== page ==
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    Divorce follows state laws, so there's a lot of variation.

    In most states, expect all the assets and debts to be split about 50/50 since marriage is a partnership. It's assumed both parties agreed to what role each plays in the marriage - in other words, if the agreement was that one works while one sits at home watching soap operas, then that's the agreement and they share equally in what that arrangement provides. (If you didn't like that arrangment, then you would have divorced sooner, before that many assets were acquired.) There's differences between community property states/equitable distribution states; exceptions for property earned before marriage, etc, plus each individual situation is different, so the 50/50 split is just a rough idea.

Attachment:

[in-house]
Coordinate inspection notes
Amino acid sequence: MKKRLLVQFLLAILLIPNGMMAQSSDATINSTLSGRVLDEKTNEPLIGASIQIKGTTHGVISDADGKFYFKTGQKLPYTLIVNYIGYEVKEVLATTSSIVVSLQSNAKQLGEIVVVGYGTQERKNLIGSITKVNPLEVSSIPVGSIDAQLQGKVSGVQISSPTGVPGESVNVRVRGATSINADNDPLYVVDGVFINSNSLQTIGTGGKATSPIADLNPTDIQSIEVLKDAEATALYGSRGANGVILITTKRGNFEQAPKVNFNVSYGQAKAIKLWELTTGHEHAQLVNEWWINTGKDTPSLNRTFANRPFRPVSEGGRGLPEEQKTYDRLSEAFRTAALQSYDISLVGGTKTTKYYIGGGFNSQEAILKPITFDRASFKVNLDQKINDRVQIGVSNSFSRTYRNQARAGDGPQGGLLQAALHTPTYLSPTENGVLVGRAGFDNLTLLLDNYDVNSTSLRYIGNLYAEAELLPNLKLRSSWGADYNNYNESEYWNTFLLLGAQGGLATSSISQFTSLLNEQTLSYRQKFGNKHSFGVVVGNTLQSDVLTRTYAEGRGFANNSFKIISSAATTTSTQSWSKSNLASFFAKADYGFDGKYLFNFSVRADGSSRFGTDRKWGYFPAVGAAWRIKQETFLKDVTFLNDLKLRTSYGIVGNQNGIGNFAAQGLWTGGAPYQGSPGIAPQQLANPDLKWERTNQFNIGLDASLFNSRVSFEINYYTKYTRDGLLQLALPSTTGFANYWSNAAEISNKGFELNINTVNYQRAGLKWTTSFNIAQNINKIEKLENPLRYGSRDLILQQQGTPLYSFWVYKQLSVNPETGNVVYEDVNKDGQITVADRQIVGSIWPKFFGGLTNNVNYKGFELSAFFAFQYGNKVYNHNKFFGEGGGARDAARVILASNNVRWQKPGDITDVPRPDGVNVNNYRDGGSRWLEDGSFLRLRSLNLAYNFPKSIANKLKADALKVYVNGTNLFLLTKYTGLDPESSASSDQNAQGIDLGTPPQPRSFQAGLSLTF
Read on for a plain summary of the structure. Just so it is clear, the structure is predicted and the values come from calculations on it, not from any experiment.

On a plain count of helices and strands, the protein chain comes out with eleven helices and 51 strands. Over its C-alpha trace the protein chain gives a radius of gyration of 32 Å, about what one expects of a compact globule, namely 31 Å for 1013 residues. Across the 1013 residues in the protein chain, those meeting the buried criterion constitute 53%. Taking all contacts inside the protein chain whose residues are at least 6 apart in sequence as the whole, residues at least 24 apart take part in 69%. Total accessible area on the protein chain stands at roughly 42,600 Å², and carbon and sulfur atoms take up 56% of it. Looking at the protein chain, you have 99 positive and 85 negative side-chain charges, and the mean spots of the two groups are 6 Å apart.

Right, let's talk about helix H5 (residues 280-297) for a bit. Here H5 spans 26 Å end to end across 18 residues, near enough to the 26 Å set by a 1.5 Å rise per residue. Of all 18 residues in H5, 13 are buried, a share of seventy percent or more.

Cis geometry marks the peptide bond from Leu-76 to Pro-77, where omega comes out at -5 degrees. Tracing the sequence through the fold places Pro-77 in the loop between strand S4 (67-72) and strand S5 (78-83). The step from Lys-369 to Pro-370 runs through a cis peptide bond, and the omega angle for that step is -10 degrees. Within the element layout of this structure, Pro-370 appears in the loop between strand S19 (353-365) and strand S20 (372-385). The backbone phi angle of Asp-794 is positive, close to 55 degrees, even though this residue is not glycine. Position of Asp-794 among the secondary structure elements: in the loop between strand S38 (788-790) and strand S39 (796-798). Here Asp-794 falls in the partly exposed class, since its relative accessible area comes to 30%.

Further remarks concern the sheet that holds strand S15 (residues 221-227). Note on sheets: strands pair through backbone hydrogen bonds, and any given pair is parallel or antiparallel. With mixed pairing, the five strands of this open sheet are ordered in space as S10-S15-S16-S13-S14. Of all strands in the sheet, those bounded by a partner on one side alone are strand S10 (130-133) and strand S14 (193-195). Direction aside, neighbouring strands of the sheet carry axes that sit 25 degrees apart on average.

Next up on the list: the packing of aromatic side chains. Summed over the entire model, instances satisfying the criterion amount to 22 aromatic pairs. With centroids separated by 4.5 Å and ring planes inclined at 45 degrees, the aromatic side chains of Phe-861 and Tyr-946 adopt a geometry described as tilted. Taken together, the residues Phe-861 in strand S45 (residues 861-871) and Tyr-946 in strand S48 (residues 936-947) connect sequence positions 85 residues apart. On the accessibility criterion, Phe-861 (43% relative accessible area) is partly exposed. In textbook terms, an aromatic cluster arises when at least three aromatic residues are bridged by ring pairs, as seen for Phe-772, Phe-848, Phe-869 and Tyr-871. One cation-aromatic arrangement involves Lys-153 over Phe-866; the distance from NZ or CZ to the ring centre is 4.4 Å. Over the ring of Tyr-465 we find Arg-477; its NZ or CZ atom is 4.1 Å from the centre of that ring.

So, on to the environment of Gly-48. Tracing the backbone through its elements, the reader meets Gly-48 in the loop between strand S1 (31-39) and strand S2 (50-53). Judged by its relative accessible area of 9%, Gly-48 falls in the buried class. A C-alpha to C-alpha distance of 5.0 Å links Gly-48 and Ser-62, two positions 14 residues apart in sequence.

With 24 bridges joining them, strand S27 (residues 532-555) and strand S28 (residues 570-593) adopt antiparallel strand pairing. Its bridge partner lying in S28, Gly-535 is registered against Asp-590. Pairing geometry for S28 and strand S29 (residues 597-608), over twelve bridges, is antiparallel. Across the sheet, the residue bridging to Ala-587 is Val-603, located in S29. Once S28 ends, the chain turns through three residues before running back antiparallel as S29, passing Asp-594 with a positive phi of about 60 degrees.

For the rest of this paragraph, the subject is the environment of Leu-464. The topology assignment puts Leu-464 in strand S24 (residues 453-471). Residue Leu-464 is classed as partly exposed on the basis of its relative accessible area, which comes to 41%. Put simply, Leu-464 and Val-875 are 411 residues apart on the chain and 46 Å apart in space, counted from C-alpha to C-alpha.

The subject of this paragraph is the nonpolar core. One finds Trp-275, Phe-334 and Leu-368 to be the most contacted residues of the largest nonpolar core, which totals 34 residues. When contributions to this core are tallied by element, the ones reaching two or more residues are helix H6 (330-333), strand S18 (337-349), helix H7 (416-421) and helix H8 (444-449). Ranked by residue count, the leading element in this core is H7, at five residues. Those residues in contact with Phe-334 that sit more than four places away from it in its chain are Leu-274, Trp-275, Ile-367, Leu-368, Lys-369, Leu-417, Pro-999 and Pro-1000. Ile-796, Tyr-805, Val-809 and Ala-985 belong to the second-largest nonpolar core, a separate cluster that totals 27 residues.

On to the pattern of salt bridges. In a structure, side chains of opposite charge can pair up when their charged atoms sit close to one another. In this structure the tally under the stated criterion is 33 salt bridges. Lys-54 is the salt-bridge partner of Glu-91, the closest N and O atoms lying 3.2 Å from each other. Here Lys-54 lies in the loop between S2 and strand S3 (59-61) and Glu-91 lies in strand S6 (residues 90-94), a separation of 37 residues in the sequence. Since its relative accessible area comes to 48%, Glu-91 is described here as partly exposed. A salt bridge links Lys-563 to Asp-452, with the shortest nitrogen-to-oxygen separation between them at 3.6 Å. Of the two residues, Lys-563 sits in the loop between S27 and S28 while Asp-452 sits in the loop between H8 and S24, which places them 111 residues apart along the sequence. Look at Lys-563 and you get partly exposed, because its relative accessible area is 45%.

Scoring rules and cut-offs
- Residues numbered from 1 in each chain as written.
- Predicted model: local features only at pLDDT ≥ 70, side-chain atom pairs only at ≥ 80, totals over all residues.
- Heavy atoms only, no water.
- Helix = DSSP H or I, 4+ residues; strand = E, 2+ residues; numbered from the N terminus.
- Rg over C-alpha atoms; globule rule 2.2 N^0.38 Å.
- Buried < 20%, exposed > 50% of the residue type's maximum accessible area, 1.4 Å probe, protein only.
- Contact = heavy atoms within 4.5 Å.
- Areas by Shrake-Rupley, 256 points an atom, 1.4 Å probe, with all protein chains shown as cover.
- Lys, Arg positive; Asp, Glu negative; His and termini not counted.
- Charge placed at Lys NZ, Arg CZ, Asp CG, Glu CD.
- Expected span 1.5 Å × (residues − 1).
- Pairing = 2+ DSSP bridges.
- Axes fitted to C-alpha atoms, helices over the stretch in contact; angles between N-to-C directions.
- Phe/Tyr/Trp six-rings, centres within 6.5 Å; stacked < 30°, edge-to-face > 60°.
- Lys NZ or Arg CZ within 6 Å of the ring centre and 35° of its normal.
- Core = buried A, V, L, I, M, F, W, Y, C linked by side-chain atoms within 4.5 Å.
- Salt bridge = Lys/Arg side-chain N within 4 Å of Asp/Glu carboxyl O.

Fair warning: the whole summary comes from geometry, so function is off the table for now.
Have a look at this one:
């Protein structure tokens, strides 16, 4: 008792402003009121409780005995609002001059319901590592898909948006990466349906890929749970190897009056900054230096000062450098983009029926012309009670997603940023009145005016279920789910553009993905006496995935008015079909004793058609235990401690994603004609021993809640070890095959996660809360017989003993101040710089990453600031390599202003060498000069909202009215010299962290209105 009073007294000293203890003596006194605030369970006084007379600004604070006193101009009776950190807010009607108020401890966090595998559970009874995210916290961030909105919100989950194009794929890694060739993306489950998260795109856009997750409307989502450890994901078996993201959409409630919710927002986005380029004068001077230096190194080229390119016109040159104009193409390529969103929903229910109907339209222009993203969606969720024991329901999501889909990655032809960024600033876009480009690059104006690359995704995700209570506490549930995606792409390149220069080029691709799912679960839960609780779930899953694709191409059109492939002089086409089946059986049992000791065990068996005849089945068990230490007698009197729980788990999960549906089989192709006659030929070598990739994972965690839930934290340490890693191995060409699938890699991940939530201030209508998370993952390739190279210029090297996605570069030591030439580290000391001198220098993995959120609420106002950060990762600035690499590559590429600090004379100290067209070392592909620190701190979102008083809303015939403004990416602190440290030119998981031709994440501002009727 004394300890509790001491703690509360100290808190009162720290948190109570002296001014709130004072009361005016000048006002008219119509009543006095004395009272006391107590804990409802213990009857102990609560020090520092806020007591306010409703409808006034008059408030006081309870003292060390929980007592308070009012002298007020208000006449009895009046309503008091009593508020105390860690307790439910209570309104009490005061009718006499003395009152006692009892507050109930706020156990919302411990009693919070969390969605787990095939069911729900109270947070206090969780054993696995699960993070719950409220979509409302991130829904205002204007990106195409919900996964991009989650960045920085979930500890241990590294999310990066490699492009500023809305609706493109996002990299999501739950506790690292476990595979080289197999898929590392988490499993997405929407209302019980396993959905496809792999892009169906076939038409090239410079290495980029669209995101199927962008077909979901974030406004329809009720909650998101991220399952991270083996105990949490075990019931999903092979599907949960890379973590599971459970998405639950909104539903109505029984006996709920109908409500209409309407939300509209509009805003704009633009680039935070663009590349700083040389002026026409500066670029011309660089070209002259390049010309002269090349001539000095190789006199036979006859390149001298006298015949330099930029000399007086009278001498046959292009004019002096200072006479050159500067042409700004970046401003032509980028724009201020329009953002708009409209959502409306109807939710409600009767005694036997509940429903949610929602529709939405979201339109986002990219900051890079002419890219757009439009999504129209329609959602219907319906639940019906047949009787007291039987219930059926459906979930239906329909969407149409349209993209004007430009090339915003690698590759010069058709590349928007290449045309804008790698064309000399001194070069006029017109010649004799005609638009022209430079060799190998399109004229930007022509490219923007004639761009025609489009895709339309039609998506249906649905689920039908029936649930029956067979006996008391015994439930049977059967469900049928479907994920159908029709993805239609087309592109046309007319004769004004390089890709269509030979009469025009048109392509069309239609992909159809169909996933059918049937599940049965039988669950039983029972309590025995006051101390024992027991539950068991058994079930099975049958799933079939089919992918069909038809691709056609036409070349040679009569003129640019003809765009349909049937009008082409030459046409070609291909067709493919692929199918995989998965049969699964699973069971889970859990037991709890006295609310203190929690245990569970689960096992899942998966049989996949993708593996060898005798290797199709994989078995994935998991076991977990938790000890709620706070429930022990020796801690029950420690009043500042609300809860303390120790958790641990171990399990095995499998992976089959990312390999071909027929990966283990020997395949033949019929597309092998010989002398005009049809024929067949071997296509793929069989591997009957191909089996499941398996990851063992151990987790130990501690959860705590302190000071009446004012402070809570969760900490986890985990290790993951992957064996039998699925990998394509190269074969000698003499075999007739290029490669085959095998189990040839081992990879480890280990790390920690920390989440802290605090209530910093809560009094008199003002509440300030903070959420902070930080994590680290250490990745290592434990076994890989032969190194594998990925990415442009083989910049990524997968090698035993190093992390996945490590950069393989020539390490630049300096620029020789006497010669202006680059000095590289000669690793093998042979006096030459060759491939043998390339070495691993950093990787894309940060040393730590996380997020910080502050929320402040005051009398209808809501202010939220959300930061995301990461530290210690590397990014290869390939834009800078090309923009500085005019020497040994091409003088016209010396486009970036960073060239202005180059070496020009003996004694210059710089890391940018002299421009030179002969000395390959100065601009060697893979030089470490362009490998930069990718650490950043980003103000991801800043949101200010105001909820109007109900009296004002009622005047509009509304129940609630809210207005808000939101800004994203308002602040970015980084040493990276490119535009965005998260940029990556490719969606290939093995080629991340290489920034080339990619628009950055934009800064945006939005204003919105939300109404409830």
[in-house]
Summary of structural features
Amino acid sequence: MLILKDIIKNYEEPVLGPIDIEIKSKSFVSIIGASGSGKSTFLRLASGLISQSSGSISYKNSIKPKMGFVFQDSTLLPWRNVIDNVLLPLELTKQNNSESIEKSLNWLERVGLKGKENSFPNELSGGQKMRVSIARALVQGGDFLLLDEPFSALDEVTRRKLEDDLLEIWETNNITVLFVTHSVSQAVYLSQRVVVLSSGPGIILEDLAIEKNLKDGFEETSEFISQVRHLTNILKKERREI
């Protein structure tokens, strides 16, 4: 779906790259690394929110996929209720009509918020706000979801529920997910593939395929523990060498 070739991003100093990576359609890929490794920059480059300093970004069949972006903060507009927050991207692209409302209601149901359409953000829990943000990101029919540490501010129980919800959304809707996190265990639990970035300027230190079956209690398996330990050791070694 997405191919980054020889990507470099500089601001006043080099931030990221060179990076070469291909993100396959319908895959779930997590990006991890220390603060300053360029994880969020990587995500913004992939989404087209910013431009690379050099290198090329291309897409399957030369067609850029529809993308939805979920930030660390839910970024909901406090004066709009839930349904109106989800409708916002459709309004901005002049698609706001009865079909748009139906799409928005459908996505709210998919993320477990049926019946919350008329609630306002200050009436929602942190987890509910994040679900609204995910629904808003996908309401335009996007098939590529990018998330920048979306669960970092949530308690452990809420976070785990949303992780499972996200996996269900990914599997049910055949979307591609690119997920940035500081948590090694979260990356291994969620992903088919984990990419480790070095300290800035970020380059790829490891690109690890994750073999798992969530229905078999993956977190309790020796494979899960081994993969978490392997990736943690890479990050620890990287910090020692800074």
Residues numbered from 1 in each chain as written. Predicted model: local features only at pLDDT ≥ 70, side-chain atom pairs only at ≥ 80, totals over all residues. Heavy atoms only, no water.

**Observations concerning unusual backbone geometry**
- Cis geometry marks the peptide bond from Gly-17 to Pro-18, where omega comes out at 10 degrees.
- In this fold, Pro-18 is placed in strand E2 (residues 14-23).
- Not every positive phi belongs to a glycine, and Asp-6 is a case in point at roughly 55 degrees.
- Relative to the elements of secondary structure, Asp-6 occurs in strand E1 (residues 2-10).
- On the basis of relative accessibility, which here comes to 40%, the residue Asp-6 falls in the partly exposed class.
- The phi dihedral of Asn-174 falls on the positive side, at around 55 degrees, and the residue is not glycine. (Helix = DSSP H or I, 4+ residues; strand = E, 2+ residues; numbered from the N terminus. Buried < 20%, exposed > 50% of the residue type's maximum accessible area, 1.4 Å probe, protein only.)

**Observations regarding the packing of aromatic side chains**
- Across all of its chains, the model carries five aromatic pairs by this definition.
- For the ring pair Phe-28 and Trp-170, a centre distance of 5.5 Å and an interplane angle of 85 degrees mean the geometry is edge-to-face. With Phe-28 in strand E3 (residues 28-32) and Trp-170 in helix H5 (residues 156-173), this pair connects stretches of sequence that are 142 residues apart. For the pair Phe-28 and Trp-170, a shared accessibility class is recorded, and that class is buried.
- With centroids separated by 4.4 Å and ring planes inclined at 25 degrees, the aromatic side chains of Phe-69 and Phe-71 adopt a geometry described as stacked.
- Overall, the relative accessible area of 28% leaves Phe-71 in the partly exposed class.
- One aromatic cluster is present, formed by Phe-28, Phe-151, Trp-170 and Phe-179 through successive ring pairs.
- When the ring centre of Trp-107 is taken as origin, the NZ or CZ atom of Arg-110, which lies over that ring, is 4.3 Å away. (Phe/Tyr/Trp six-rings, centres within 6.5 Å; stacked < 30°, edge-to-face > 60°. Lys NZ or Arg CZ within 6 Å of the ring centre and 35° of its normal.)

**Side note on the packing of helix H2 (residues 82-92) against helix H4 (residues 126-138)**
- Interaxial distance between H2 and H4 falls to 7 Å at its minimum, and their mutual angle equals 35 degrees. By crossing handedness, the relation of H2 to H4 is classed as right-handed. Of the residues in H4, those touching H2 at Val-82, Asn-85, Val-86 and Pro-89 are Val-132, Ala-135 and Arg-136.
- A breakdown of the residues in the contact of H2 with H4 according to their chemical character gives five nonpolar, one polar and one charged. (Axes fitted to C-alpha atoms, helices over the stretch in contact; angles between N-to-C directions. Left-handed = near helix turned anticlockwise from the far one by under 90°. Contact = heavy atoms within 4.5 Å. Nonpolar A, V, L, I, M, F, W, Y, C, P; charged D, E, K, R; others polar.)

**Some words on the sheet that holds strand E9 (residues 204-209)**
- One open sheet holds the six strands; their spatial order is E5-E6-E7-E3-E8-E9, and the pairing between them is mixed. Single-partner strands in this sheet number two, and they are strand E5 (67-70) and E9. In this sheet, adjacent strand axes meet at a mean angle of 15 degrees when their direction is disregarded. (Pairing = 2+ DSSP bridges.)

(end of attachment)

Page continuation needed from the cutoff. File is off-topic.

Alimony isn't automatic anymore. That idea that the husband has to maintain the wife's standard of living until she remarries is mostly outdated. Instead, the lower earning spouse can get alimony for a limited amount of time based on the difference in expected incomes and the length of marriage. Unless one spouse has a disability or some other legitimate reason, they're going to be expected to work, so expected income will at least be full time minimum wage.

    Short marriages have no alimony to short periods of alimony, while longer marriages could result in alimony ranging from half the duration of the marriage to lifetime alimony (or at least until retirement).